Figure 3: Connectivity and Active Directory integration
Moving document data from SQL to Amazon S3 with AWS Storage Gateway
With SharePoint now operational, highly available, and running fast, we started thinking about the future. Storing a lot of unstructured data inside of a SQL database over the long term is not a good idea. As the database grows larger database transactions will take more time and the majority of the data inside the database will be inactive.
All data has a lifecycle and while unstructured data may need to be retained for a long time, the chances are that after an initial flurry of activity, the data will not be accessed again. We decided to archive this cold data to Amazon S3. Amazon S3 has a number of low-cost storage classes and it offers intelligent lifecycle management. Once the data is placed in Amazon S3 the lifecycle rules will ensure it is placed on a class of storage that meets its availability, durability, and access time needs.
Our internal DevOps team wrote a script to extract data to be archived from the database every 24 hours. The script then writes that data to an SMB share provided by AWS Storage Gateway. We deployed an Amazon FSx File Gateway, creating an SMB share that is backed by Amazon S3 on AWS.
Having moved all inactive data out of the database, we needed something that people could use to retrieve that data if it was required. Since our DevOps teams love serverless technologies, they created a simple data retrieval application built with AWS Lambda and Amazon API Gateway. This application provides a web interface where users can download their requested files out of Amazon S3.
Backup using native tools and AWS Storage Gateway
Having deployed our application, we needed to protect it. For the SQL database backups, we used the approach outlined in this blog post on SQL backups. Native tools in SQL Server producing backup files that are stored on an AWS Storage File Gateway SMB share.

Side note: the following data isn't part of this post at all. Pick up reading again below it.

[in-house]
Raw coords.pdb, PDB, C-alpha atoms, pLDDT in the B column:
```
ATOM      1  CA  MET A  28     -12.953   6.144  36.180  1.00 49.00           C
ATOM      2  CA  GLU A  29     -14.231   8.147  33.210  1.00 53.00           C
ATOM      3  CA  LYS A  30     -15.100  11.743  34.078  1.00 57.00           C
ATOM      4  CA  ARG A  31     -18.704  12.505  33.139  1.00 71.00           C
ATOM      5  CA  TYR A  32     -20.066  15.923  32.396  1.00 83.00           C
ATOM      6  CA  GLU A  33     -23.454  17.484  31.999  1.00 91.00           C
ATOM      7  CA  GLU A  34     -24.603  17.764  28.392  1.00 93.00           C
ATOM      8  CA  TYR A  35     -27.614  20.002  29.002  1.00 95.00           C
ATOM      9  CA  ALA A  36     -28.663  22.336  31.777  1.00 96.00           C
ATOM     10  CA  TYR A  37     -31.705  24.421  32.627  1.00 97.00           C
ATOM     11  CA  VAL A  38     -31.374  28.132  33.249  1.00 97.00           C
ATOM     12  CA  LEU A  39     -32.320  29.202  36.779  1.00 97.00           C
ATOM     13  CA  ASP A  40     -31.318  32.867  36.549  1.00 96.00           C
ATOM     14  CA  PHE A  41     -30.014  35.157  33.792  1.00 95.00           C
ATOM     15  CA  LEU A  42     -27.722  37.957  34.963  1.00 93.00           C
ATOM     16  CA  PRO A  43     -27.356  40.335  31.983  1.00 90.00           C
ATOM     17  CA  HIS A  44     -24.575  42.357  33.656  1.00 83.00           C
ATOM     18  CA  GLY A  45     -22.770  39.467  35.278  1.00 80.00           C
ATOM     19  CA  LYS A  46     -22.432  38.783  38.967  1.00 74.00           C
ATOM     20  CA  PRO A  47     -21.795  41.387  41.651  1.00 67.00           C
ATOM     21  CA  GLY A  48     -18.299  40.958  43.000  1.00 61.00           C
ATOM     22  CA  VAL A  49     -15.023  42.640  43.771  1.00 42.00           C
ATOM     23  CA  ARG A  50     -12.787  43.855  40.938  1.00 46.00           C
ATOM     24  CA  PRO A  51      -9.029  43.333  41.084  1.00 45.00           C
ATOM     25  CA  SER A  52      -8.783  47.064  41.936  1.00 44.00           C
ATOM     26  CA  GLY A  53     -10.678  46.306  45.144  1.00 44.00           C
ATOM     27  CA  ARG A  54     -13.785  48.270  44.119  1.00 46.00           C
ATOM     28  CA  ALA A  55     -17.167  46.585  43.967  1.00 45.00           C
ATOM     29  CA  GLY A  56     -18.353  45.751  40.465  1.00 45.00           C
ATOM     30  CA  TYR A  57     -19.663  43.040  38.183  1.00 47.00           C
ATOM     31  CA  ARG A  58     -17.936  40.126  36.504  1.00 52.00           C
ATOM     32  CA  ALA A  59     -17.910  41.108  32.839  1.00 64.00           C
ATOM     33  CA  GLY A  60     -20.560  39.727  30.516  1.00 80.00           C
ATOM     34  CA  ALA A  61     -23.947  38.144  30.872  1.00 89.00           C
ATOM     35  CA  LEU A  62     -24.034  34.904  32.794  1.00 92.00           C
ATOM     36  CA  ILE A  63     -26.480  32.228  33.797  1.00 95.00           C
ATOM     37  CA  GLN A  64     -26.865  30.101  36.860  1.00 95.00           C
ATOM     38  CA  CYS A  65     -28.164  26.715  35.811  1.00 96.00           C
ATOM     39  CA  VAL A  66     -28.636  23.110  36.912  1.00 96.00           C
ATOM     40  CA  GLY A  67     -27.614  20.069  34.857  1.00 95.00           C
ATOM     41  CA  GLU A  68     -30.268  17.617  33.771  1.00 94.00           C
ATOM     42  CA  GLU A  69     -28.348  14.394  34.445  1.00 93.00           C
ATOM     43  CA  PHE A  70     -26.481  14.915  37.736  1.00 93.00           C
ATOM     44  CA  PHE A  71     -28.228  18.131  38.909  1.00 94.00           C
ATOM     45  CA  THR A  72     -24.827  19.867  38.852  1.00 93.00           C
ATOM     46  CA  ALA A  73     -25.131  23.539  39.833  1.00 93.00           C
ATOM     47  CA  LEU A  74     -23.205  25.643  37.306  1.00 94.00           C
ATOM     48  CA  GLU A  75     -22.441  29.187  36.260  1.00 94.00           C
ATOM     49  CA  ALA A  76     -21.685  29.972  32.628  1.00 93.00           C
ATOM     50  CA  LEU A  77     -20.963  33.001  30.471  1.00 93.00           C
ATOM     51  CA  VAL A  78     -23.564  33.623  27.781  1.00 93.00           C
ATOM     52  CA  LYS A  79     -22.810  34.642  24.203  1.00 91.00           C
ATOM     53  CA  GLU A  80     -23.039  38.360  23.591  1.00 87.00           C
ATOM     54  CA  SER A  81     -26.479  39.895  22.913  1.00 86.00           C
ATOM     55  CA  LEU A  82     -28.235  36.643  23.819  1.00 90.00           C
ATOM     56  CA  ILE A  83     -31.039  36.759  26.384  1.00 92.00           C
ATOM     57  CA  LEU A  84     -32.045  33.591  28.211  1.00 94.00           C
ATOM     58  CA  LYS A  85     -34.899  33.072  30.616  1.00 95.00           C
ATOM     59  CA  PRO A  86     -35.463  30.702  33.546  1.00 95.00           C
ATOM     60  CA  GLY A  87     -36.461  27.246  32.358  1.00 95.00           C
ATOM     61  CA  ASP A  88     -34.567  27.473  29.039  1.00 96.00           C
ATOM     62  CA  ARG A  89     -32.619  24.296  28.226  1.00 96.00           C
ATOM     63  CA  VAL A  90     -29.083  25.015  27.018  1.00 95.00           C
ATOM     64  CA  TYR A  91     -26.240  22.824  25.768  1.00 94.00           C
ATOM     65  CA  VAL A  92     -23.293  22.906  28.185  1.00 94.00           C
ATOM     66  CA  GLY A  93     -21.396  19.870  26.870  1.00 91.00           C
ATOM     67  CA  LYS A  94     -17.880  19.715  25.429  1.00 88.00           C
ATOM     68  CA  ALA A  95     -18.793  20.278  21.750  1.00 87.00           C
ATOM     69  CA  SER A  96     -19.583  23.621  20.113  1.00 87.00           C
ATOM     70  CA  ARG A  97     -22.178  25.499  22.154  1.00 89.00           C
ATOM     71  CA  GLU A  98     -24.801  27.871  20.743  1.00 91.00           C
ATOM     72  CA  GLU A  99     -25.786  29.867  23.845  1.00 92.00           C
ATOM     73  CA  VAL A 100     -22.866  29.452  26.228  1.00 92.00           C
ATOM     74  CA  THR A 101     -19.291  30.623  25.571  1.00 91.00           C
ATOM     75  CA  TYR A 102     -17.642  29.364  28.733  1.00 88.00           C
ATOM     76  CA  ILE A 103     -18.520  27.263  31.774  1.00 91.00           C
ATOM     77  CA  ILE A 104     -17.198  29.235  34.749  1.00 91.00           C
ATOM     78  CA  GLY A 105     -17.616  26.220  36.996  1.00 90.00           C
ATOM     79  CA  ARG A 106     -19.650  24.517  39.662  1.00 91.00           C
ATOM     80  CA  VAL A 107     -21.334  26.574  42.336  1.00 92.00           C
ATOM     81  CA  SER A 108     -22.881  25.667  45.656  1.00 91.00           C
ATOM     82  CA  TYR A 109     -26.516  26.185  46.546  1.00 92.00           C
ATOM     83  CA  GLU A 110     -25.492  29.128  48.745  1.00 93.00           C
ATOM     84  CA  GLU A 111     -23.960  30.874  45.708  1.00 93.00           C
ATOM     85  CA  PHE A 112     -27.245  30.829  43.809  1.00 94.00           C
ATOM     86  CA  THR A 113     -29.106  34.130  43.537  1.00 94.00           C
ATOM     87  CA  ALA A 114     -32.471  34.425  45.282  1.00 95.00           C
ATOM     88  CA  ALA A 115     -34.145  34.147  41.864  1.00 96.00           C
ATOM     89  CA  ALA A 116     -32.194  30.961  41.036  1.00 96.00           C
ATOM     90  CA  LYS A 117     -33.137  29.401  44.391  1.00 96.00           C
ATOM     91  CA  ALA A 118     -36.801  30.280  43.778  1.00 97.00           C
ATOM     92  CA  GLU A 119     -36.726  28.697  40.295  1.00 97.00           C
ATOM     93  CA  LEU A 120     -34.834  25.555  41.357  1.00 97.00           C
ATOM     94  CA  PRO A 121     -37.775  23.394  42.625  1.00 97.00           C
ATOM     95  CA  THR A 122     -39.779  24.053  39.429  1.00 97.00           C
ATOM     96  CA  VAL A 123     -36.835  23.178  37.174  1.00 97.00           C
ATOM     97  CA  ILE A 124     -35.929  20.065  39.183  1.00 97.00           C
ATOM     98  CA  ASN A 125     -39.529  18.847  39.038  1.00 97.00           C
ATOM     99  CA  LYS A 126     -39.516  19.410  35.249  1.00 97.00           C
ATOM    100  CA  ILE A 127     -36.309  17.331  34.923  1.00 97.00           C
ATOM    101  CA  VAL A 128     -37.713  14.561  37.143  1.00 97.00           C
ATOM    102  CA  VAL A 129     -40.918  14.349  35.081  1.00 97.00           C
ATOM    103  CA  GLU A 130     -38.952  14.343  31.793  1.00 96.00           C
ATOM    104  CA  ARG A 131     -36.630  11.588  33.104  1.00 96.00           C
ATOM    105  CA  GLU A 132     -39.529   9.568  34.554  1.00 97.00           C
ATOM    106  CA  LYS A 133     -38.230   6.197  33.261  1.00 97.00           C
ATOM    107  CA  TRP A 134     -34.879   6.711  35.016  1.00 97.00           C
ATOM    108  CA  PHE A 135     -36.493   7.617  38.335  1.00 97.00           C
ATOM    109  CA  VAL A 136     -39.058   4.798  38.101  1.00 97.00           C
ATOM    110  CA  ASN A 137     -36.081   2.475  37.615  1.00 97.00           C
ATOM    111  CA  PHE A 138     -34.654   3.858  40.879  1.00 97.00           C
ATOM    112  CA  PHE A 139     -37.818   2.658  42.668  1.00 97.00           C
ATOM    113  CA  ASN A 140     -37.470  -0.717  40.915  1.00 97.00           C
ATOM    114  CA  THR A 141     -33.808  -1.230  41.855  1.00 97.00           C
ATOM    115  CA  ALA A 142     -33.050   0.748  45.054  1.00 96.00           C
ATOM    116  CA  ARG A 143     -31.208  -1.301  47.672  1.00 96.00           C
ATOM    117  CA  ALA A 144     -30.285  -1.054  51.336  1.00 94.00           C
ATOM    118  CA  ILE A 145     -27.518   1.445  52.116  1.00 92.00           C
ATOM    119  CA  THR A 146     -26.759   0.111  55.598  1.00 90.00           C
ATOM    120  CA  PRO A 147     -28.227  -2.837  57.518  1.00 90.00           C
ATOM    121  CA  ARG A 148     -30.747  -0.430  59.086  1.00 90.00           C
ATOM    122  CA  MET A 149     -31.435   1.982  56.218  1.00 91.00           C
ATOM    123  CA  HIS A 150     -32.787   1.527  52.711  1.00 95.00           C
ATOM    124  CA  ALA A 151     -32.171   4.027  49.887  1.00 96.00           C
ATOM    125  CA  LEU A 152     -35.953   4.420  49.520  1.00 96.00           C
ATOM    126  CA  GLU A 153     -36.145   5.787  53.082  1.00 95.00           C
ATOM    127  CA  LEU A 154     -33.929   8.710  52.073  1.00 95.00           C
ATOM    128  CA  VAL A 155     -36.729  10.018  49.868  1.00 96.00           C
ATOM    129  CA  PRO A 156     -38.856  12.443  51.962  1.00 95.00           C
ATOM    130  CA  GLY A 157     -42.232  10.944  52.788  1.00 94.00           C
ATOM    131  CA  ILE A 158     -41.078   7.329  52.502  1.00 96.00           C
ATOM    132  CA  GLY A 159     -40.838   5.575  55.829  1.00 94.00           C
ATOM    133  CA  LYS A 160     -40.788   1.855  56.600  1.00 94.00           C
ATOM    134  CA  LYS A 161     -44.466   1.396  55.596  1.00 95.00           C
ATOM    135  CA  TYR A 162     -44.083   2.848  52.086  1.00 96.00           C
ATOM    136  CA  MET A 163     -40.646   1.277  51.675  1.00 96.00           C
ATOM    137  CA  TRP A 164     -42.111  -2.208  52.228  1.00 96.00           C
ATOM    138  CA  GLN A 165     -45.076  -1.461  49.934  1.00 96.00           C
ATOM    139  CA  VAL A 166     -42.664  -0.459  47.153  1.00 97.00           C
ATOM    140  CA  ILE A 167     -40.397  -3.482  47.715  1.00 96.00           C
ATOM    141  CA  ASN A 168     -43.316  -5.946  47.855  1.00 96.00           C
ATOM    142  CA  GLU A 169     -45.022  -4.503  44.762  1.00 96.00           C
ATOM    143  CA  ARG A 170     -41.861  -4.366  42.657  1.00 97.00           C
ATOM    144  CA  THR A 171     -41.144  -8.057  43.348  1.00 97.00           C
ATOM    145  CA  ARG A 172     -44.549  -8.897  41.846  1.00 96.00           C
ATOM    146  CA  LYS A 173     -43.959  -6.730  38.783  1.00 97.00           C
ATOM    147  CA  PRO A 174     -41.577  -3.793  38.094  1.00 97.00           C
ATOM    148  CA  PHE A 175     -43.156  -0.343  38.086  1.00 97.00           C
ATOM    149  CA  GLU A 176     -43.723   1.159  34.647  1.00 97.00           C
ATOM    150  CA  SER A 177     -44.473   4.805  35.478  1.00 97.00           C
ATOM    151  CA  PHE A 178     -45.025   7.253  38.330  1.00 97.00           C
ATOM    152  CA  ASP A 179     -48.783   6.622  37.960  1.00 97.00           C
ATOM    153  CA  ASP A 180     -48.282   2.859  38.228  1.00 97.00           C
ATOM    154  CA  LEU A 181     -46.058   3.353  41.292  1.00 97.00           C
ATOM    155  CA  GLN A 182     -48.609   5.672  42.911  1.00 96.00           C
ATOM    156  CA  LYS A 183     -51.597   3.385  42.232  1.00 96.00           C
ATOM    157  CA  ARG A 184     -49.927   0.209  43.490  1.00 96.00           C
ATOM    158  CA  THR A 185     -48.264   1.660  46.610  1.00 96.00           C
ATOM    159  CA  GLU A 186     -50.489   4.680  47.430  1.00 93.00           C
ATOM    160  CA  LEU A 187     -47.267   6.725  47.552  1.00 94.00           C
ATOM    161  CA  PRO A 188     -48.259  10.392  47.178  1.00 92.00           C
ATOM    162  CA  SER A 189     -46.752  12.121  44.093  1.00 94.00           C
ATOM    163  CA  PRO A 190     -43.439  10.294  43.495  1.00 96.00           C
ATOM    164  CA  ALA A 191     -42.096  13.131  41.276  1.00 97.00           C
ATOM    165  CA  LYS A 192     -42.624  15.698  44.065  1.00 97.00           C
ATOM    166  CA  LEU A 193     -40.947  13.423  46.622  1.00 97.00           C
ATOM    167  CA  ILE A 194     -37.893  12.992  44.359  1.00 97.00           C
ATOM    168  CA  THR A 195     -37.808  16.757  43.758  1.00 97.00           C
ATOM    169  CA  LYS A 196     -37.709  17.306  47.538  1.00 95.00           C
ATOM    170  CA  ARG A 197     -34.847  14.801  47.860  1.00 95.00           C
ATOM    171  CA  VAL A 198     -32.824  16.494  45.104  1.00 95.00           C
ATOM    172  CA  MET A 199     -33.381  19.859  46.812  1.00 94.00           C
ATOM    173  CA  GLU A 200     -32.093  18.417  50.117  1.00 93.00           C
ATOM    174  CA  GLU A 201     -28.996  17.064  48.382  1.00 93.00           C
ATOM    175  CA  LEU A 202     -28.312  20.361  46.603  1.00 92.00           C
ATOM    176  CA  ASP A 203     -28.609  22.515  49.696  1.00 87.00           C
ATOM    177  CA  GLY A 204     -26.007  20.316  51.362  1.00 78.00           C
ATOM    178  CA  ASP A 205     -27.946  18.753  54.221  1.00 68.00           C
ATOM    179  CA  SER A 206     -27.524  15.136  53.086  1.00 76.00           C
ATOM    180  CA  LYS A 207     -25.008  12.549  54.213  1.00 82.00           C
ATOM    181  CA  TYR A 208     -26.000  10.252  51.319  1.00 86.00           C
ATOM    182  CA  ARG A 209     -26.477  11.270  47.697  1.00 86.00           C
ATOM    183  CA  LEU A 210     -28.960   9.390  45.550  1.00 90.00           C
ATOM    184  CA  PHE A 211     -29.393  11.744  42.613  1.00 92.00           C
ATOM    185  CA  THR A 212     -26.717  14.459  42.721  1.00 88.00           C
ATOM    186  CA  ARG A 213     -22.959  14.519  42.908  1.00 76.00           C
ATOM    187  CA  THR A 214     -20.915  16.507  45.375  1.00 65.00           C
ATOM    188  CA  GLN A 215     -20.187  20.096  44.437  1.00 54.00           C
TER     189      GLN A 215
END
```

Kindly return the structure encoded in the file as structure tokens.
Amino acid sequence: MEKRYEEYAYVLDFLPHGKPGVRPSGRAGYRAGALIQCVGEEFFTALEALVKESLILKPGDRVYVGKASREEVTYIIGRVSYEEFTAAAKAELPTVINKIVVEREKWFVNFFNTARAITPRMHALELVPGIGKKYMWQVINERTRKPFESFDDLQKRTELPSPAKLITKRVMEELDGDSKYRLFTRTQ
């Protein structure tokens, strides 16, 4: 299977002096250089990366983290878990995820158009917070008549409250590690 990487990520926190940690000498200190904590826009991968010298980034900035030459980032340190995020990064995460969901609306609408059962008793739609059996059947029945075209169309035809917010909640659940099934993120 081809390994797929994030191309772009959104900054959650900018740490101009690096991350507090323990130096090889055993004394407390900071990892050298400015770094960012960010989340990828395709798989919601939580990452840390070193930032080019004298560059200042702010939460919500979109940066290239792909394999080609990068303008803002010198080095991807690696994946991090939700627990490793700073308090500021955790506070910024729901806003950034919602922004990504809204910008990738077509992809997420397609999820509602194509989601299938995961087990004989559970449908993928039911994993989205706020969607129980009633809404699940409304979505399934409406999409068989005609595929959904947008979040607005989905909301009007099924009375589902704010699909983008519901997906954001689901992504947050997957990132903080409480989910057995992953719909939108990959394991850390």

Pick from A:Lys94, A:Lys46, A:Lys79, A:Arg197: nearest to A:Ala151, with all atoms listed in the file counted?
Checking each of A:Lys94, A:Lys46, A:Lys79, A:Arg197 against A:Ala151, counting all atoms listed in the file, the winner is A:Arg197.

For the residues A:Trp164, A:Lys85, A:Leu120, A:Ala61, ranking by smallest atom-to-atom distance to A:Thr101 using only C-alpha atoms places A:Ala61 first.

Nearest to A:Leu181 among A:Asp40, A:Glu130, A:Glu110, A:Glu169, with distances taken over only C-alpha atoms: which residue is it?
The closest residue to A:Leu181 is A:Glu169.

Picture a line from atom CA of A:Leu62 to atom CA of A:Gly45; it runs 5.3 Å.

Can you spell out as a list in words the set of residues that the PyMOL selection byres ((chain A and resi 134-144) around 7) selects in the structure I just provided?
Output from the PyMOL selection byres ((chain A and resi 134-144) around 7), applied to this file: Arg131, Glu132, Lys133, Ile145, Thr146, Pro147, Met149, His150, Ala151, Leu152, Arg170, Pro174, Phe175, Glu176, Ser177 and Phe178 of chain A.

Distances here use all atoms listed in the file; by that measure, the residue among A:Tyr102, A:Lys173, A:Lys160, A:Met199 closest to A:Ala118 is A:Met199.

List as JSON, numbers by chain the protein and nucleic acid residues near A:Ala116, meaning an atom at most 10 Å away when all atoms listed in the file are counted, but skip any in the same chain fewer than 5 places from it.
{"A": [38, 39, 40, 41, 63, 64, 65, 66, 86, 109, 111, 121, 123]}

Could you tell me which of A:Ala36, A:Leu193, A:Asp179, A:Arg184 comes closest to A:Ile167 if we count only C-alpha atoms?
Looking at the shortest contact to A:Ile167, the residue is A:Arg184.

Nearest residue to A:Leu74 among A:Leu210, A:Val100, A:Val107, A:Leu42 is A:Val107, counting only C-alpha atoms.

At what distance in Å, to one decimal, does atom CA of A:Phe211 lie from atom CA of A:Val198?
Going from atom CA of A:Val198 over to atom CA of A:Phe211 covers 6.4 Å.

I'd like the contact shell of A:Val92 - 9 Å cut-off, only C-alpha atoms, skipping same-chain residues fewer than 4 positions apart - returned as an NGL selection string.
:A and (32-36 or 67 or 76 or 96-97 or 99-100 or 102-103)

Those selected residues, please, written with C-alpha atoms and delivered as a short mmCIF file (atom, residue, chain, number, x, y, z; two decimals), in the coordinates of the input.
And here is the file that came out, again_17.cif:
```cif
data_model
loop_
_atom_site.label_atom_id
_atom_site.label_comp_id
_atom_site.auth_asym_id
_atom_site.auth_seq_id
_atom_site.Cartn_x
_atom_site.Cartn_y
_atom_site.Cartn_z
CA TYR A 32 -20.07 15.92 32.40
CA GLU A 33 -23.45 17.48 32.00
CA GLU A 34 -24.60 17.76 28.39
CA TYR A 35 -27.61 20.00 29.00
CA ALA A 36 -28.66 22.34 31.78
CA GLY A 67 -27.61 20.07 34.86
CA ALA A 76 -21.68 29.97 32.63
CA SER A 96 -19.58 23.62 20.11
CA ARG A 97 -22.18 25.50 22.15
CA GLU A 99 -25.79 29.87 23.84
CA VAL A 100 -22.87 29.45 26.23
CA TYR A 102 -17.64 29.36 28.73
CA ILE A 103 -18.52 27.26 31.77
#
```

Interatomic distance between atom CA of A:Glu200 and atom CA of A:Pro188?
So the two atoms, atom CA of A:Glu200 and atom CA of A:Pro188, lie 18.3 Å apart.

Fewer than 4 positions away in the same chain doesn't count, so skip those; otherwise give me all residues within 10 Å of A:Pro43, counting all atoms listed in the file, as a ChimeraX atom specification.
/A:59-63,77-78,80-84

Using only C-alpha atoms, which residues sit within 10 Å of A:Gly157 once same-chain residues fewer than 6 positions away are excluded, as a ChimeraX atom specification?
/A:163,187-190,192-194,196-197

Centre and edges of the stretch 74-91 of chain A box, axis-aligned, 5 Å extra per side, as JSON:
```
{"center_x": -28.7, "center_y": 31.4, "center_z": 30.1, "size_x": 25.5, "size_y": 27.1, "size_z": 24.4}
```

Our corporate compliance requirement states that we store backup data for up to five years. Amazon S3 Lifecycle automatically moves our data older than 30 days to Amazon S3 Glacier. Amazon S3 Glacier and Amazon S3 Glacier Deep Archive storage classes are ideal for long term data retention at an extremely low cost.
All EC2 server instances in this deployment use Amazon EBS volumes for storage. Here, we used native EBS snapshot functionality to take incremental snapshots for fast rollback in case a recovery was required. Completing our design, from load balancers to Lambda, the deployed architecture now looks like this:
Figure 4: Final architecture
In this post, we showed how we were able to install a highly available Microsoft SharePoint environment on AWS. We optimized our costs, thanks to Amazon FSx for Windows File Server, and kept our Microsoft SQL database optimized for the longer term by moving unstructured data and backups to the appropriate Amazon S3 storage classes for our needs.
Managing storage on premises has always been challenging for us with applications devouring even more storage space year after year. Things have not always been as flexible or as agile as we have been aiming for. With these AWS Storage solutions, flexibility and business agility have been among the top benefits we have gained. We recently moved an additional 700 GB of data into this SharePoint, and it took just a few clicks to resize our Amazon FSx file shares to meet that demand. Knowing that we can easily scale up and scale out without having to worry about storage or compute provisioning is a huge benefit. For backups and multi-year retention, Amazon S3 being a global-scale, object storage system, eliminated the challenge we faced in keeping years of backups to meet our legal requirements. Life is easier now.
The AWS Storage portfolio consists of many other great services and we have put many of them to use. Aside from the project we discussed in this blog, we moved all our on-premises backups to Amazon S3, shifted our Splunk infrastructure to AWS, and replaced our SharePoint workflows with a combination of AWS Lambda and Amazon DynamoDB.
Without AWS Managed Services, we would not have reached our goal of providing the best experience for our users. That is the most important result for us. Our success on this project and with the other projects is a credit to the collaboration between our internal teams and various teams at AWS.
Thank you for reading. If you have any comments or questions, please don’t hesitate to leave them in the comment.